Charles was thoughtful, as well, remembering his mother on important dates throughout the year.  He must have known how much she worried about him.  His Mother’s Day message in 1944, so simple and plain, was the most beautiful Mother’s Day gift that Elizabeth could have received while he was gone.  Her tears, as clear as glass, left no stains on the precious letters from her son overseas, letters that she opened oh-so-carefully.

Mother's Day

Elizabeth must have read her Mother’s Day note a thousand times before safely tucking it away in the box where she kept all of Charles’ letters.  Gently touching that paper, running her fingers across his ink on the page, was the closest that she could come to embracing her son.  To the world, these men in uniform were so strong and so brave.  But to her, Charles was so very young, hardly a man himself, really.  Just a few years before, he had still needed her advice, her reassuring touch, her loving care.  She had gently washed and bandaged his skinned knees not all that long ago.  Yet now he and so many young men like him had been entrusted to save the world.

Charles Closeup

Days and months passed, and Charles remained at war.  Elizabeth was comforted by his letters, but sometimes there were long spans between them, and this made her nervous.  If she waited long enough, another letter always came.  It would include an apology for the long delay, explaining that he had been quite busy with his responsibilities, although exactly what his duties were was a bit of a mystery.  Each letter provided some  solace, but Elizabeth knew that by the time she received it, time had already passed, and the reassurance of his safety was actually old news.  As soon as one note was received, she eagerly awaited the next.

In the meantime, Elizabeth loyally supported her son from afar.  She hung a  banner in the family’s front window for everyone to see and took Maxine’s picture in front of it.

Flag  Flag in Window

And she clung to a poem (author unknown) that criticized the discontent of those who weren’t directly in the line of fire.  How dare someone complain about rationing when her son’s life was on the line?

Poem

In January 1945, Elizabeth received a letter with a little more information than usual.  Charles’ letters had been few and far between for a while now, but in this one he shared, “We are now allowed to say that we are someplace in the Philippine Islands.”  What a relief it was to know where her son was actually located!  She could point to it on a map.  She could imagine the climate and the scenery where he was.  “I have picked up a few more souvenirs,” he said, although he explained that he wouldn’t be able to send them for a while.  Someday, she thought, they would look at those souvenirs together, and he would tell her interesting stories about the culture and the merchants there and how much he had paid for the beautifully crafted and exotic gifts.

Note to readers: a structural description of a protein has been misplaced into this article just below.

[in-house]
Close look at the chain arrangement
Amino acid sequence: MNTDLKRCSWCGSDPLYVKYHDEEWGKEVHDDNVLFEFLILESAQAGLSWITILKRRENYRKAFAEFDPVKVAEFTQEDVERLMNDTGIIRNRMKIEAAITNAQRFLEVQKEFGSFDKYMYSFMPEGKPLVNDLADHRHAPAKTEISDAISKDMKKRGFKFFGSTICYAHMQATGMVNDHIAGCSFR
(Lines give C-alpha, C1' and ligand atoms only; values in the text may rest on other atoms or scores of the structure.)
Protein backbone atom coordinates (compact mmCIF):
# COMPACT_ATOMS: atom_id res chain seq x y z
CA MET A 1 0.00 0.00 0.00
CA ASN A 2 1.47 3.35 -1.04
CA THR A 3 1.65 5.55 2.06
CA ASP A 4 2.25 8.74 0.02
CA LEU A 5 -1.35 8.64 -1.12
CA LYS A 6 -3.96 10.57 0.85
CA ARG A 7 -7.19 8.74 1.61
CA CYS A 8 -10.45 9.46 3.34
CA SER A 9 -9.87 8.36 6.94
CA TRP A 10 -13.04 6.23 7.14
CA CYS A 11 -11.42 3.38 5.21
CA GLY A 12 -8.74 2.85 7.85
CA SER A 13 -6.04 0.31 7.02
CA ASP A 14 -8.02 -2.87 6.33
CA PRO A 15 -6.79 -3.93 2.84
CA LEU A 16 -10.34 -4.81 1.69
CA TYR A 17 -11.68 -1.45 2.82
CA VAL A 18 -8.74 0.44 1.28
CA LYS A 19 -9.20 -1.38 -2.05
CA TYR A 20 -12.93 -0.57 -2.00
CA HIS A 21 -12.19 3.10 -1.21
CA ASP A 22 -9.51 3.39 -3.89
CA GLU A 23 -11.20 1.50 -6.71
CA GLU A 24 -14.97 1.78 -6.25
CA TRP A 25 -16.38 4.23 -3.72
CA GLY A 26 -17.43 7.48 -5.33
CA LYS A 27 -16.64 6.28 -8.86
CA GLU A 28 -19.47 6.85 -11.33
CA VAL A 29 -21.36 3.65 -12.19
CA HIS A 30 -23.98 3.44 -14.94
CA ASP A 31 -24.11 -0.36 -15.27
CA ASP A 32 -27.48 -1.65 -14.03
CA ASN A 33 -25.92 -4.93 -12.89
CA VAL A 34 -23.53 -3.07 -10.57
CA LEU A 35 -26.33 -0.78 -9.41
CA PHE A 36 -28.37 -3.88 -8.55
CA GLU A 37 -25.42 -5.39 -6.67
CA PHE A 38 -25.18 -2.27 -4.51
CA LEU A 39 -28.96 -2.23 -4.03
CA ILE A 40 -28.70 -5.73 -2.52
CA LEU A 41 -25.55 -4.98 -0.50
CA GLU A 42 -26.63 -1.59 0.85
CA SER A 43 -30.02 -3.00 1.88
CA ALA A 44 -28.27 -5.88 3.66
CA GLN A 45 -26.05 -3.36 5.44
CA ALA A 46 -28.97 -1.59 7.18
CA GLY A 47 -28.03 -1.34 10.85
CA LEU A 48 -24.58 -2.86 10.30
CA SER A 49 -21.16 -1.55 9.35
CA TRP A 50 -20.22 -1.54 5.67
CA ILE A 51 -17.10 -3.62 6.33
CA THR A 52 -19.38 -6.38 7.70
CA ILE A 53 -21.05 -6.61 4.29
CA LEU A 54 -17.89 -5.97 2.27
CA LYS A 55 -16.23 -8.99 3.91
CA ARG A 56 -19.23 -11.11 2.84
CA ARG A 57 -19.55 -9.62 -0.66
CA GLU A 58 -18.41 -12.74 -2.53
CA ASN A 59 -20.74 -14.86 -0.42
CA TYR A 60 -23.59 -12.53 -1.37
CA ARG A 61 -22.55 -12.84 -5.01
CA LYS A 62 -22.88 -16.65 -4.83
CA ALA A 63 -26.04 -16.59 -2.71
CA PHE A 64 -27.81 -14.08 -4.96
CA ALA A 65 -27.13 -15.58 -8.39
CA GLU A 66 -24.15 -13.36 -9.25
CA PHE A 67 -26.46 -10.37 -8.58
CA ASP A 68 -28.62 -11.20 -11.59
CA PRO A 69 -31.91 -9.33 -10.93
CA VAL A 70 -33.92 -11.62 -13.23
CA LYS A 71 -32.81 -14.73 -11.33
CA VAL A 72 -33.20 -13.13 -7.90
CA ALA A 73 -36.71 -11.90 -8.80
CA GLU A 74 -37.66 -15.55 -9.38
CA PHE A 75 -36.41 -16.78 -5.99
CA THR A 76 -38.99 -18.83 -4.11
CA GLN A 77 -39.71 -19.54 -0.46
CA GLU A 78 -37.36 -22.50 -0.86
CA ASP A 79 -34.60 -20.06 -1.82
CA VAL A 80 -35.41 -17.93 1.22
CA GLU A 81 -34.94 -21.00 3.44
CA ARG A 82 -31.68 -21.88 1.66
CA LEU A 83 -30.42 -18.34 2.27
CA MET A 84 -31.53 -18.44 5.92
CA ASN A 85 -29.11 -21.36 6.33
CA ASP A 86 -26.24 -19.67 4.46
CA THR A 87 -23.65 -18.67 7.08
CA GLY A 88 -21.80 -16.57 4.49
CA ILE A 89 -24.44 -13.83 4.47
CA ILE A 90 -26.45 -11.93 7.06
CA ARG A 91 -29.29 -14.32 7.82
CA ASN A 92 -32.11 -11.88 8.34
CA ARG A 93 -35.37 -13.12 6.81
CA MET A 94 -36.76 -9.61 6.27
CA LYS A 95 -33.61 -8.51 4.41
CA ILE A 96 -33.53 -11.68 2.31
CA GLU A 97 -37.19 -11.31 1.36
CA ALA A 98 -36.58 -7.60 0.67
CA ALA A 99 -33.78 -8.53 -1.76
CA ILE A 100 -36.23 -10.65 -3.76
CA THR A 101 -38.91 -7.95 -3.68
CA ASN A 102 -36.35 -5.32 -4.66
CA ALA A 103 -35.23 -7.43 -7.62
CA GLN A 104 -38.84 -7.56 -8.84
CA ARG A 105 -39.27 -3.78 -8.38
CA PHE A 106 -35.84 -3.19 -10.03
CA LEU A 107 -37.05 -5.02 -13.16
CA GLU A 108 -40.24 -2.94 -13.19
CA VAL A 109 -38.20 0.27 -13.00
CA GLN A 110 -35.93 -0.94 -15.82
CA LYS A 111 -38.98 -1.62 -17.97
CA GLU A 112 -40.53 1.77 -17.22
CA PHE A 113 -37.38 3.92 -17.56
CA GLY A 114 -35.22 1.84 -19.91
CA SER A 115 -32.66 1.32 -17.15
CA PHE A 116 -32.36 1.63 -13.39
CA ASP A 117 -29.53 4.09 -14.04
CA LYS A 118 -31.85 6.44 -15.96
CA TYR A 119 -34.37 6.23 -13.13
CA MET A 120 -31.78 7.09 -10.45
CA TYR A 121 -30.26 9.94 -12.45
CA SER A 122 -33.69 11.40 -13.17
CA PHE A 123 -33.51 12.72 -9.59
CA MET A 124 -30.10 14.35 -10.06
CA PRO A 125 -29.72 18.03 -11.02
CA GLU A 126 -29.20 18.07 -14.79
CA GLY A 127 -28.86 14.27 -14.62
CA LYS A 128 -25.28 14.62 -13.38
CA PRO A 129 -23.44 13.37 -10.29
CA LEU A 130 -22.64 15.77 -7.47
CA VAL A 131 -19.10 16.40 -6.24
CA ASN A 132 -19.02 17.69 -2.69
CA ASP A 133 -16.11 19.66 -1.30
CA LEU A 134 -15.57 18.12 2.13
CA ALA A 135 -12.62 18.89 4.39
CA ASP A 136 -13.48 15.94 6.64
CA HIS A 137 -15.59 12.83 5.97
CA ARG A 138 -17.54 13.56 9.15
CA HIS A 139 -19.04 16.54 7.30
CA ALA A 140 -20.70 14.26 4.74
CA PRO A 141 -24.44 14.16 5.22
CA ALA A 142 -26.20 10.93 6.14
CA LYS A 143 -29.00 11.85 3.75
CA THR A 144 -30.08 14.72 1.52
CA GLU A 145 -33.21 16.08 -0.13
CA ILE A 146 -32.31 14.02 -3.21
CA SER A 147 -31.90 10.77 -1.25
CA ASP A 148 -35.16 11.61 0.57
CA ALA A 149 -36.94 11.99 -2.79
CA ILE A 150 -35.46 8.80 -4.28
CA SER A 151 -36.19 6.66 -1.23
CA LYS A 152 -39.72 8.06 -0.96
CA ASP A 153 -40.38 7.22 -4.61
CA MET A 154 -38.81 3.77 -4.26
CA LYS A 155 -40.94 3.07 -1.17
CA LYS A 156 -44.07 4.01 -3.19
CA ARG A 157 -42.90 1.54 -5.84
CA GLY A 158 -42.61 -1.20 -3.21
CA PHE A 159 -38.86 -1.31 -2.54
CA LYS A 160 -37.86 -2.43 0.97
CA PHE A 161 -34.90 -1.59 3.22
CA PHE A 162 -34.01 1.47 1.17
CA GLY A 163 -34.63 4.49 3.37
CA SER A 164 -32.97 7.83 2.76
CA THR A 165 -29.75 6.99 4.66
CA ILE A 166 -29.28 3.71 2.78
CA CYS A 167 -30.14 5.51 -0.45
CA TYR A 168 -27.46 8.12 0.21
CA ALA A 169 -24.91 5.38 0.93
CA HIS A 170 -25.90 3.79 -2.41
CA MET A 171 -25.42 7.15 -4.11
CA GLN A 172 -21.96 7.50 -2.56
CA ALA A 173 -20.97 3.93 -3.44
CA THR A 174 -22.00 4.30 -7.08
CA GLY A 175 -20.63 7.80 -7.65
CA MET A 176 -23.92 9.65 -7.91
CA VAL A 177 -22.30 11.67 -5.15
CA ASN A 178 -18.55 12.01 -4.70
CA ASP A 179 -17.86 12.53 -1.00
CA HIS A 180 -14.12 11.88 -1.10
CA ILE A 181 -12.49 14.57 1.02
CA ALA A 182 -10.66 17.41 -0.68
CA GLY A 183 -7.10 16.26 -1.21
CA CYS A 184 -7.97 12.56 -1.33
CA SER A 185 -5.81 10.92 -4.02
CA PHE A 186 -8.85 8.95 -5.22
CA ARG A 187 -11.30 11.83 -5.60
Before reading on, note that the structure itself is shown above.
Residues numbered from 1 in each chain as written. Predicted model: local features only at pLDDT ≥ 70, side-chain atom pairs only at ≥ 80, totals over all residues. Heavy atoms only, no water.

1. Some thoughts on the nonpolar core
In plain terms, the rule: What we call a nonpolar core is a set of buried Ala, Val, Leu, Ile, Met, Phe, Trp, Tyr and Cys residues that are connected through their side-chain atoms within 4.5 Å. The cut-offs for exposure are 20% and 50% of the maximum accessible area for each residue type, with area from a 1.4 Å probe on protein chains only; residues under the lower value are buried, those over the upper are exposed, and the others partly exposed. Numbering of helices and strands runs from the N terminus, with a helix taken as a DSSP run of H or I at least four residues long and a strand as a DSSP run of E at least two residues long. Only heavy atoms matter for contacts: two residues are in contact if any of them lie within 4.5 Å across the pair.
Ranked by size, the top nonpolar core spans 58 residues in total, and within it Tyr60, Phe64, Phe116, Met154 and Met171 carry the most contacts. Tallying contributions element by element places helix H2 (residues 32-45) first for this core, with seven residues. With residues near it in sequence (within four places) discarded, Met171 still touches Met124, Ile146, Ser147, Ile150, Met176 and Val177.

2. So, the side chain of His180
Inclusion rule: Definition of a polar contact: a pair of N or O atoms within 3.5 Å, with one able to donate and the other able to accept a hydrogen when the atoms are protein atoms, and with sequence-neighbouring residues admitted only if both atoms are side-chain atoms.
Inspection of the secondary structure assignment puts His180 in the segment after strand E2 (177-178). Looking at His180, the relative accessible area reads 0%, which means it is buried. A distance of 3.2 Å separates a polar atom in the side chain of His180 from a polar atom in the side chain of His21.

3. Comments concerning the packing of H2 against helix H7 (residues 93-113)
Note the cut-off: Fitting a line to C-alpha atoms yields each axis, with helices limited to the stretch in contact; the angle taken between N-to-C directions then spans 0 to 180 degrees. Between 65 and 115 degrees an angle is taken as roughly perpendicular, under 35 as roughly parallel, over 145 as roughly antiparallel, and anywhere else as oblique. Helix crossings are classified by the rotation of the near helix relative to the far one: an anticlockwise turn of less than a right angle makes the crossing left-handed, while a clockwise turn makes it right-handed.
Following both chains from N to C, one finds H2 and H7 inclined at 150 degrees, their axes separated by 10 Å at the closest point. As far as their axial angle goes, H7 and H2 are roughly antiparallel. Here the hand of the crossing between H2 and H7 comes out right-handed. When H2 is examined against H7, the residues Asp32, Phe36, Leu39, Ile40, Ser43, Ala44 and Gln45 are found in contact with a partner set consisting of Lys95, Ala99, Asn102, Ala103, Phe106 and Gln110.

In Phillipines

As always, Charles had asked for more letters.  Over the previous months, their letters, flying back and forth across the sky and over the ocean, had created an invisible web that kept them connected, mother and son.  Even when there was nothing to write about, Elizabeth kept writing.  She would write and write and write, about nothing and about everything, until she could finally see Charles face to face once more.

And there, in the bottom of the box, I found them.  The two letters, stamped March 19, 1945 and April 16, 1945.

In the first envelope, Elizabeth had neatly tucked a letter full of updates for her son.  The news from home was nothing out of the ordinary.  Lewis has a cold.  Maxine recently visited Betty.  The snow has melted, and Doris performed well in the show last night.